Range bound markets – despite the drama

Equity markets have been range-bound through the past few weeks, but it does not feel like it. Volatility is at its highest since the nasty period in March 2020, which always raises our perceptions of potential downside. But the volatility is not too surprising given the overall mix of news and economic data updates.


Currency markets: Theory versus practice

After climbing steadily higher for the better part of a year, the US dollar took a big jump last week. On Thursday, the world’s reserve currency surged to its highest level in 20 years against a host of other major currencies. The dollar index – which measures the dollar’s value against a basket of developed world currencies including the euro, yen and pound sterling – rose 1% on Thursday alone, taking it to just under 104. The dollar has now added 8% to its value this year, which presents a serious headwind for the global economic outlook and emerging markets in particular – which tend to have large dollar-denominated debts and pay for their imports and production inputs mostly in dollars.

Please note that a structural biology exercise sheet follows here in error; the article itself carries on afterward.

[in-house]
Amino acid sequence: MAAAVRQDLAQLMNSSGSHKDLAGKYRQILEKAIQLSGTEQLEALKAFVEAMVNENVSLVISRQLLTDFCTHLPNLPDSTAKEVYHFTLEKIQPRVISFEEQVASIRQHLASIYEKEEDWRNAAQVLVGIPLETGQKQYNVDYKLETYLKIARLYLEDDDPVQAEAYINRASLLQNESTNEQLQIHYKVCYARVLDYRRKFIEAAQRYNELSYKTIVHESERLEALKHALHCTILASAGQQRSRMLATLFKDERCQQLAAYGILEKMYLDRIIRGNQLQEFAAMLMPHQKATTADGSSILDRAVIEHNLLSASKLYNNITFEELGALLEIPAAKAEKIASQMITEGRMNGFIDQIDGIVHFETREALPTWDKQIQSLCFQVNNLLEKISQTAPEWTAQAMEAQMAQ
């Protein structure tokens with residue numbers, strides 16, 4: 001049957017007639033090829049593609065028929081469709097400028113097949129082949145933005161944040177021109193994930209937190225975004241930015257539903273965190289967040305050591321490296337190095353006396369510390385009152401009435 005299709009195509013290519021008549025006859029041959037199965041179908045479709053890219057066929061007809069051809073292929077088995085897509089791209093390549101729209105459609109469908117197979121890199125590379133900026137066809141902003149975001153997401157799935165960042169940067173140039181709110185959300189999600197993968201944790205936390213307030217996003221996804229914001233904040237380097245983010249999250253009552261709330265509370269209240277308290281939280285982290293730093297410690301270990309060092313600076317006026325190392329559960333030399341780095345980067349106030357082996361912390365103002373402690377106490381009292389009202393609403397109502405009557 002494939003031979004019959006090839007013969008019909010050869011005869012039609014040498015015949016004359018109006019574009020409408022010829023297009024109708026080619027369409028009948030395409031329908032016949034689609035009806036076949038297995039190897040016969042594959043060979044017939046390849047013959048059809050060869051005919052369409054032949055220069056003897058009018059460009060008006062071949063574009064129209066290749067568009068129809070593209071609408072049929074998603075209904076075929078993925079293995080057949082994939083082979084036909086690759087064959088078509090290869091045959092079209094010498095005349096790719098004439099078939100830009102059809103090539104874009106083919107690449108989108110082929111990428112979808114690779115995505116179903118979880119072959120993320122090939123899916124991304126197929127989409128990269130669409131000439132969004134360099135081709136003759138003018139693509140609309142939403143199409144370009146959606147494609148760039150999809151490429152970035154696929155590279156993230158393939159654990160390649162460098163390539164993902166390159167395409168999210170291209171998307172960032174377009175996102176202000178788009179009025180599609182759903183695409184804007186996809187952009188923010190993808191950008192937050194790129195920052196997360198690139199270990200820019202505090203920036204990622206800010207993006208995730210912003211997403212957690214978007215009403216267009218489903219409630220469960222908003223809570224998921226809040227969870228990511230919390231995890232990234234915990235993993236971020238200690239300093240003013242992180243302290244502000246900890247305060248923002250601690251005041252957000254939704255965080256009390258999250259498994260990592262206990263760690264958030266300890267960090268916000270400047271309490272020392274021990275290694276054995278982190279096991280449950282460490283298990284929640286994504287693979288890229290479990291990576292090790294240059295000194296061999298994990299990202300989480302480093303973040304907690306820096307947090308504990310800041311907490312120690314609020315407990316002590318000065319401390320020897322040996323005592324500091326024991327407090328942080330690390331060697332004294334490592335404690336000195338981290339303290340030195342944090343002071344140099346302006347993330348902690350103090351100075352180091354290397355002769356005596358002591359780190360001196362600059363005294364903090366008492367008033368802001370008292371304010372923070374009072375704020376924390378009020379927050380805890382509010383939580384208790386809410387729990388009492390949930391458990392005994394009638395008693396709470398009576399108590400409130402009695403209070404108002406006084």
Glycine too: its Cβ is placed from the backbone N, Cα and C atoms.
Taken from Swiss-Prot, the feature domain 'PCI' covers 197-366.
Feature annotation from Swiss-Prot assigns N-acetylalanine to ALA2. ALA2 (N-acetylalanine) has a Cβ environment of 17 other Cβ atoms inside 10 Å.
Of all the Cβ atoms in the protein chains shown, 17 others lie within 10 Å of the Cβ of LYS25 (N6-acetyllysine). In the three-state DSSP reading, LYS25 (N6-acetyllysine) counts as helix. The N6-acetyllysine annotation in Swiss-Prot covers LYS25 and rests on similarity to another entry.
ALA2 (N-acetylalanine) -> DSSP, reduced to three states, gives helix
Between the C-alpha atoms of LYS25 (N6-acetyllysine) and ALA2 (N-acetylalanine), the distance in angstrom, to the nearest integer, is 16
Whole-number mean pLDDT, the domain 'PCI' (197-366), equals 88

Soaring house prices keeping inflation pressures up

Post-COVID inflation has hit just about every area of our lives over the last year, and residential property is no exception. During 2020, we saw several news stories about landlords being under pressure to cut rents as city dwellers flocked to more rural areas to buy houses. That story reversed as house prices rose sharply. Now, despite some cities being less busy overall than 2019, returning tenant demand has meant surging rents. Meanwhile, house prices have been incredibly strong this year, with no sign of slowing down.


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